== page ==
4

Can you think about any reason why this code doesn't work and always outputs "finished", but the second example works without any problems. I'm using latest JDK (8u45).

public static class MyClass implements Runnable {

        @Override
        public void run() {
            try {
                Thread.sleep(2000);
            } catch (InterruptedException ex) {
                System.out.println("Interrupted");
                return;
            }
            System.out.println("Finished");
        }

        public static void main(String[] args) {
             // spot the difference ->
             ExecutorService executorService = Executors.newWorkStealingPool(4);
             Future future = executorService.submit(new MyClass());
             Thread.sleep(100);
             future.cancel(true);
        }
    }

And the following example works flawlessly:

public static class MyClass implements Runnable {

        @Override
        public void run() {
            try {
                Thread.sleep(2000);
            } catch (InterruptedException ex) {
                System.out.println("Interrupted");
                return;
            }
            System.out.println("Finished");
        }

        public static void main(String[] args) {
             ExecutorService executorService = Executors.newSingleThreadExecutor();
             Future future = executorService.submit(new MyClass());
             Thread.sleep(100);
             future.cancel(true);
        }
    }

EDIT: Added return and updated sleep times and another example.

  • Wow, that's troubling. On my system (Java 1.8.0_45-b14, Linux 3.2.0-4-amd64), it doesn't print anything. Just like you, I'm finding that only the ExecutorService returned by newWorkStealingPool has this problem. One of us should submit this as a bug. – VGR Apr 28 '15 at 0:18
4

It's simpler than I thought originally. The problem is that work-stealing-pool is internally using ForkJoinPool and ForkJoinTask doesn't support cancel(true) and therefore it's not possible to cancel task after the task is started.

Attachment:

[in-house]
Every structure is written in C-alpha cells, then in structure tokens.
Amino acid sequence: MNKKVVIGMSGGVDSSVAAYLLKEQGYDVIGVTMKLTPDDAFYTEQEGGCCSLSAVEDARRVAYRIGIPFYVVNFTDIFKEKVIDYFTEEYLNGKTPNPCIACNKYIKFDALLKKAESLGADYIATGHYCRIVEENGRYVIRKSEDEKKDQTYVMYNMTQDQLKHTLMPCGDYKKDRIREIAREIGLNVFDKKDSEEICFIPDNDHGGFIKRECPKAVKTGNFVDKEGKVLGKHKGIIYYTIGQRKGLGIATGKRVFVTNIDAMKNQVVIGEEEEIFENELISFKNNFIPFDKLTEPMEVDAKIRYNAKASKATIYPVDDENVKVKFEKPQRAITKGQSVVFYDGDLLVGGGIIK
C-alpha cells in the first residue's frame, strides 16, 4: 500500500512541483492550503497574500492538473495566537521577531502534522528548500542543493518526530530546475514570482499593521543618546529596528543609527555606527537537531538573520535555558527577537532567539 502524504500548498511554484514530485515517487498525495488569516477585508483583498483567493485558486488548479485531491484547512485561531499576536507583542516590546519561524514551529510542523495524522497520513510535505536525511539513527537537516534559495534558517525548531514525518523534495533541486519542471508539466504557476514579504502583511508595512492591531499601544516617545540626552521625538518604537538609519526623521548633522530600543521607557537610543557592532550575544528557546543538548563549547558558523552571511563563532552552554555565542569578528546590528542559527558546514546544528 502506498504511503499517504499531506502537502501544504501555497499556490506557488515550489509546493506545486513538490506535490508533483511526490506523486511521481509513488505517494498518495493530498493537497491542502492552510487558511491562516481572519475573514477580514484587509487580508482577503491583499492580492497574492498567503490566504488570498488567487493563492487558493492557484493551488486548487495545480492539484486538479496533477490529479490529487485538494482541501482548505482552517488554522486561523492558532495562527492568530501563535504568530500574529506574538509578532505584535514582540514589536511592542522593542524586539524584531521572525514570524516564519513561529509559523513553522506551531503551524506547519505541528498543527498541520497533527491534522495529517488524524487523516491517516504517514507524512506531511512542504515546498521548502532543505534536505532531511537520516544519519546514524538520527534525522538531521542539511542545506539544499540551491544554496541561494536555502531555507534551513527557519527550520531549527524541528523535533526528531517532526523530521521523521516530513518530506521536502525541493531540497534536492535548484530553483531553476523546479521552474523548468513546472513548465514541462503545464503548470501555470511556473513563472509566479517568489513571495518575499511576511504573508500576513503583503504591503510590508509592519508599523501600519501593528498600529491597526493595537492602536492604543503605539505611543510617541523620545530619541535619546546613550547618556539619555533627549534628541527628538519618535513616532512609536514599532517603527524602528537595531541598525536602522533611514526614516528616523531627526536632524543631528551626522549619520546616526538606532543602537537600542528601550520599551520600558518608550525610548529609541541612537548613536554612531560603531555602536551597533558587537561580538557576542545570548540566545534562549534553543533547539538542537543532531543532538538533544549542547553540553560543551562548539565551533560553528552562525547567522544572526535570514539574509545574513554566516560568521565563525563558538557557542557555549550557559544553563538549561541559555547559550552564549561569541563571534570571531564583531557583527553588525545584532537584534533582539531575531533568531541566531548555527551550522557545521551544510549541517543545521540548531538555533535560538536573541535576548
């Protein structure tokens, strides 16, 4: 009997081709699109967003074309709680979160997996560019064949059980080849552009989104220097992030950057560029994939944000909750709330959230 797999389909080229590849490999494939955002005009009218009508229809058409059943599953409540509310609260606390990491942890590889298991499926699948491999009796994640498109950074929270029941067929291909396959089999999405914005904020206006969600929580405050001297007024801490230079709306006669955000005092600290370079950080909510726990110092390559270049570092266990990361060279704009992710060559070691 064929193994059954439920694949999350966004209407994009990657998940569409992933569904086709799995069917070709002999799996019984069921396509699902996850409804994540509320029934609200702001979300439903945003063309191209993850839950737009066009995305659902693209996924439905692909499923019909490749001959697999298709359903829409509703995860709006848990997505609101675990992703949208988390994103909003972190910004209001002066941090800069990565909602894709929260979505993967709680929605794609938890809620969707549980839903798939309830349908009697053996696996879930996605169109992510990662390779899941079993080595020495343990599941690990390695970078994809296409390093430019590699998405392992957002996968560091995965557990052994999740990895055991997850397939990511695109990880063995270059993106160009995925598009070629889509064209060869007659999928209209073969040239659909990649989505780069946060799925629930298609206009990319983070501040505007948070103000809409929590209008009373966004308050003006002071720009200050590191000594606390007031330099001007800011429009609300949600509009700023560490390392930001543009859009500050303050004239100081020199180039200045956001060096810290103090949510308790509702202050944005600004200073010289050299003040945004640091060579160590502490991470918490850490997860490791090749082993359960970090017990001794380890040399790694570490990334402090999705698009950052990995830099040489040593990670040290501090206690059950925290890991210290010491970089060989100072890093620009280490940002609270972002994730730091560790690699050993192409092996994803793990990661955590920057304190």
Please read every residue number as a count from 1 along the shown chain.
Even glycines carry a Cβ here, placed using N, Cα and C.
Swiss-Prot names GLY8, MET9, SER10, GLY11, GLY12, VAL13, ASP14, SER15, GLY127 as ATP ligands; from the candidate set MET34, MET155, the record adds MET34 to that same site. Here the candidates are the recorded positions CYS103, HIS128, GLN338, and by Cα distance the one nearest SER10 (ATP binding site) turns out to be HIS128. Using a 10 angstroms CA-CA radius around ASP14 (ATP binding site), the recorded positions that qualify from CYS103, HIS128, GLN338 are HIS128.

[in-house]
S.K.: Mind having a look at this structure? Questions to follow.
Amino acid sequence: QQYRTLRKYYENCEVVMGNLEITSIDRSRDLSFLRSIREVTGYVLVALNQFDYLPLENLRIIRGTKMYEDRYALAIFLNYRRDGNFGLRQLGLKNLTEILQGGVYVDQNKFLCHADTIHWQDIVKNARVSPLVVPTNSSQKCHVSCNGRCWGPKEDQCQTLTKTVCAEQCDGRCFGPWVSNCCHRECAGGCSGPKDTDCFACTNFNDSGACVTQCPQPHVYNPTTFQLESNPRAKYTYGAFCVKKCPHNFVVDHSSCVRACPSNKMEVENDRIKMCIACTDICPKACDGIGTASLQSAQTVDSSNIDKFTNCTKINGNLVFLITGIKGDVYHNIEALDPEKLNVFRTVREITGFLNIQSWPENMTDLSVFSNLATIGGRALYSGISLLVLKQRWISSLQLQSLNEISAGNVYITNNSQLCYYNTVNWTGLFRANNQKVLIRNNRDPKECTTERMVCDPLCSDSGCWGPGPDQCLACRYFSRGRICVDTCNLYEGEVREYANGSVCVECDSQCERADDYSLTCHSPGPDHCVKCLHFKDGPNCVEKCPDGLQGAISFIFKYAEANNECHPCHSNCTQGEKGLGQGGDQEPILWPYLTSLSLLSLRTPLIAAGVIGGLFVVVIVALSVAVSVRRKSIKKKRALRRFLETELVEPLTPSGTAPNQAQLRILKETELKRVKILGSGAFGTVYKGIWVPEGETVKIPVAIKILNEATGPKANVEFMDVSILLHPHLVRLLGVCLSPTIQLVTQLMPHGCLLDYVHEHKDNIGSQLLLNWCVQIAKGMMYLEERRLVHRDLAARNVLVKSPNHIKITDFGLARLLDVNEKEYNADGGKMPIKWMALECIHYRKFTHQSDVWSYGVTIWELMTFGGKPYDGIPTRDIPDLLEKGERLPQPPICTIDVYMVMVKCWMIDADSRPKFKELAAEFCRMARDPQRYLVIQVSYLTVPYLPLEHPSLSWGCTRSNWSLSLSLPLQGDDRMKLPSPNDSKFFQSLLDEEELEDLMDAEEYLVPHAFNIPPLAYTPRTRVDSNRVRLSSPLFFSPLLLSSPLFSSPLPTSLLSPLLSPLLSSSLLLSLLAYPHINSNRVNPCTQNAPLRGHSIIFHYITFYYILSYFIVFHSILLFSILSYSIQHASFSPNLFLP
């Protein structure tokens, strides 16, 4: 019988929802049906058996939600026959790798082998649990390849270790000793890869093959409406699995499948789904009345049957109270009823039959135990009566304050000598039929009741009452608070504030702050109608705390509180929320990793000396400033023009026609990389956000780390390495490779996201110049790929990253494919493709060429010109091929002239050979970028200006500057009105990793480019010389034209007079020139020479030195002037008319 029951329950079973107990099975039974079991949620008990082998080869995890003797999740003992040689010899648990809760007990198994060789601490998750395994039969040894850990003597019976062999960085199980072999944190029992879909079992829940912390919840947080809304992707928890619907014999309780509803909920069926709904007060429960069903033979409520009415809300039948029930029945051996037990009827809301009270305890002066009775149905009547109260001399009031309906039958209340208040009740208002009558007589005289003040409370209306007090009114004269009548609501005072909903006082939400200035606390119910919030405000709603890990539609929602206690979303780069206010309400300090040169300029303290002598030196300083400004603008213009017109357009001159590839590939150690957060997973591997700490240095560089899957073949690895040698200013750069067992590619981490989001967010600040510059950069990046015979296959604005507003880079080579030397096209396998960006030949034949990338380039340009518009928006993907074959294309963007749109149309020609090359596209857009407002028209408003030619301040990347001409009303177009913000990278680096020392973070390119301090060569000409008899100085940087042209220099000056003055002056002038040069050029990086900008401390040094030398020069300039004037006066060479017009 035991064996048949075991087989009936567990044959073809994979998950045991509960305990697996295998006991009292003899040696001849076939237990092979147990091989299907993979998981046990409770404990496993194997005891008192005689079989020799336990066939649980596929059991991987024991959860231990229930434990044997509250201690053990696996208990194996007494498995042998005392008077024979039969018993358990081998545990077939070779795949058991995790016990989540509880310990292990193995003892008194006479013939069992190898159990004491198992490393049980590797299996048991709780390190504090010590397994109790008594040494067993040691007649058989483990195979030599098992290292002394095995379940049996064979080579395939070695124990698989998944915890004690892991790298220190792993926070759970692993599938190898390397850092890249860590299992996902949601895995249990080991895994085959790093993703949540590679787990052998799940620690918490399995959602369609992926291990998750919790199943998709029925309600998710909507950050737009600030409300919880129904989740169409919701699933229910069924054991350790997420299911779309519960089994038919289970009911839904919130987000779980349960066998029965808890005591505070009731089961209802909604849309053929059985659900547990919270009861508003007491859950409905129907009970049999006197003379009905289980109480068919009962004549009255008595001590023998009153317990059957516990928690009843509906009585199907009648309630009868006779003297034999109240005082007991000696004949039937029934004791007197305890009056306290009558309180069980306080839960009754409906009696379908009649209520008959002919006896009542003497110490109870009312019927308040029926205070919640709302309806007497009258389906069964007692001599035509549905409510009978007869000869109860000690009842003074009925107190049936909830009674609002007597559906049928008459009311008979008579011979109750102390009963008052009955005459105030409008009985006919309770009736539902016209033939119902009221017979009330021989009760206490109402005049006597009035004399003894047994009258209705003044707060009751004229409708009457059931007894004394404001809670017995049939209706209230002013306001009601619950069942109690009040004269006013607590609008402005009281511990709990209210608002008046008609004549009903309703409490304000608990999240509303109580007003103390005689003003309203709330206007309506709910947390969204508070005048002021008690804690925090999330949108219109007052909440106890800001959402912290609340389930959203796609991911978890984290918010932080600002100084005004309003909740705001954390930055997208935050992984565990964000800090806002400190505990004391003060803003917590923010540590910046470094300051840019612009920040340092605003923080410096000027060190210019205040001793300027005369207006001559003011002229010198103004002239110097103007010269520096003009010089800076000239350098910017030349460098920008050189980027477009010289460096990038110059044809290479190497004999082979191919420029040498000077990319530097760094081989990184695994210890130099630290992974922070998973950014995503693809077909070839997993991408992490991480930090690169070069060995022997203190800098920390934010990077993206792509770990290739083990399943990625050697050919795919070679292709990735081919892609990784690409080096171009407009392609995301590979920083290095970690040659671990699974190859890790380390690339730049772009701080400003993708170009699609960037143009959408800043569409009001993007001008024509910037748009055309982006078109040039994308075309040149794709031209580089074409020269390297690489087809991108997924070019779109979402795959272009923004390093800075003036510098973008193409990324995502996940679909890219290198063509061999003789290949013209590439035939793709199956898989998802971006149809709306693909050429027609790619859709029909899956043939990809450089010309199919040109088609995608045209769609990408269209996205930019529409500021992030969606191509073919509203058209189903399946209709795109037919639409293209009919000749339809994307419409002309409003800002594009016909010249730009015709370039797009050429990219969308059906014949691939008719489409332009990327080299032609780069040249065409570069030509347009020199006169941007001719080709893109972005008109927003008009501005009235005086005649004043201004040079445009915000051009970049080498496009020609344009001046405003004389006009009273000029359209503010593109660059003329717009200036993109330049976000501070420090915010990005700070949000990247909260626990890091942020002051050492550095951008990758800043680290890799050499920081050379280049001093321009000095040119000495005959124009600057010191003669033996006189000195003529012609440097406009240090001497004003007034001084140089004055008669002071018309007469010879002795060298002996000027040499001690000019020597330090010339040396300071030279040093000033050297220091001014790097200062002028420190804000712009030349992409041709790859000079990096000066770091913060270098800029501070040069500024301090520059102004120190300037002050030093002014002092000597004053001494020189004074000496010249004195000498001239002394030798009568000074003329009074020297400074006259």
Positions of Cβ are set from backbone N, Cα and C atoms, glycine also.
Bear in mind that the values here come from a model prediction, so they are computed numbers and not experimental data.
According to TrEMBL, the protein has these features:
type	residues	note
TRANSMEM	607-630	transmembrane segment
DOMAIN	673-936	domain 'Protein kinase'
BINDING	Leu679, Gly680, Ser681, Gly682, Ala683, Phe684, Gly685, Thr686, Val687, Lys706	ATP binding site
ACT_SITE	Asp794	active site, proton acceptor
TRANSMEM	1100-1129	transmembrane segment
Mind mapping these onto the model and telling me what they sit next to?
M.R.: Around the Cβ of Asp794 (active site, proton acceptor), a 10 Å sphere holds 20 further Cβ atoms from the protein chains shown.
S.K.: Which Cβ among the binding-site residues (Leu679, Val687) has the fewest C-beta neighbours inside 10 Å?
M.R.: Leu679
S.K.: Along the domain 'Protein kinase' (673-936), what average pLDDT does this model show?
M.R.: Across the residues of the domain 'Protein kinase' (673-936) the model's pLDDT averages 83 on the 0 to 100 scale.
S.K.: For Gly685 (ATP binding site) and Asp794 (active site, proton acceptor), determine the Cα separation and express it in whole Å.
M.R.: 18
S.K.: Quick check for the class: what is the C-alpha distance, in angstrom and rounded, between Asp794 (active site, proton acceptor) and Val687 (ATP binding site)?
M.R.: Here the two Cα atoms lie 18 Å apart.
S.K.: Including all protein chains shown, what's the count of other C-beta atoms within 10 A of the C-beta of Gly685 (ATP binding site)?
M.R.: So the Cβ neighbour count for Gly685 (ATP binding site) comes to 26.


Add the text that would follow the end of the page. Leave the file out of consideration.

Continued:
See javadoc documentation (http://docs.oracle.com/javase/8/docs/api/java/util/concurrent/ForkJoinTask.html):

   mayInterruptIfRunning - this value has no effect in the default implementation 
   because interrupts are not used to control cancellation.
  • How embarrassing; I simply wasn't waiting for the sleep(2000) to finish. Anyway, good find. This is useful to know. – VGR Apr 28 '15 at 10:43
  • In retrospect, this is more obvious since "single thread executor" would imply no need to fork another thread. I'd be curious what would happen if you used .newFixedThreadPool(1) – djangofan Jul 30 '17 at 21:06
2

There is no way to forcibly terminate a Thread in Java. (Twenty years ago, Java 1.0 tried to provide this, and it turned out to be unworkable; the methods which attempted to do it are deprecated with no replacement.)

You, as the author of the Runnable, are responsible for properly responding to an interrupt by cleanly terminating your own run method. In your case, you should have exited your run method in the catch-block, but you didn't; you let the method's logic continue past the catch-block. So even when the thread is interrupted, the run method's last statement is always executed.

  • My mistake. I've drafted this example just quickly as extract from a bit more complicated code and forgotten to add return. The core idea of my question is slightly different - see edit. – JiriS Apr 27 '15 at 21:09

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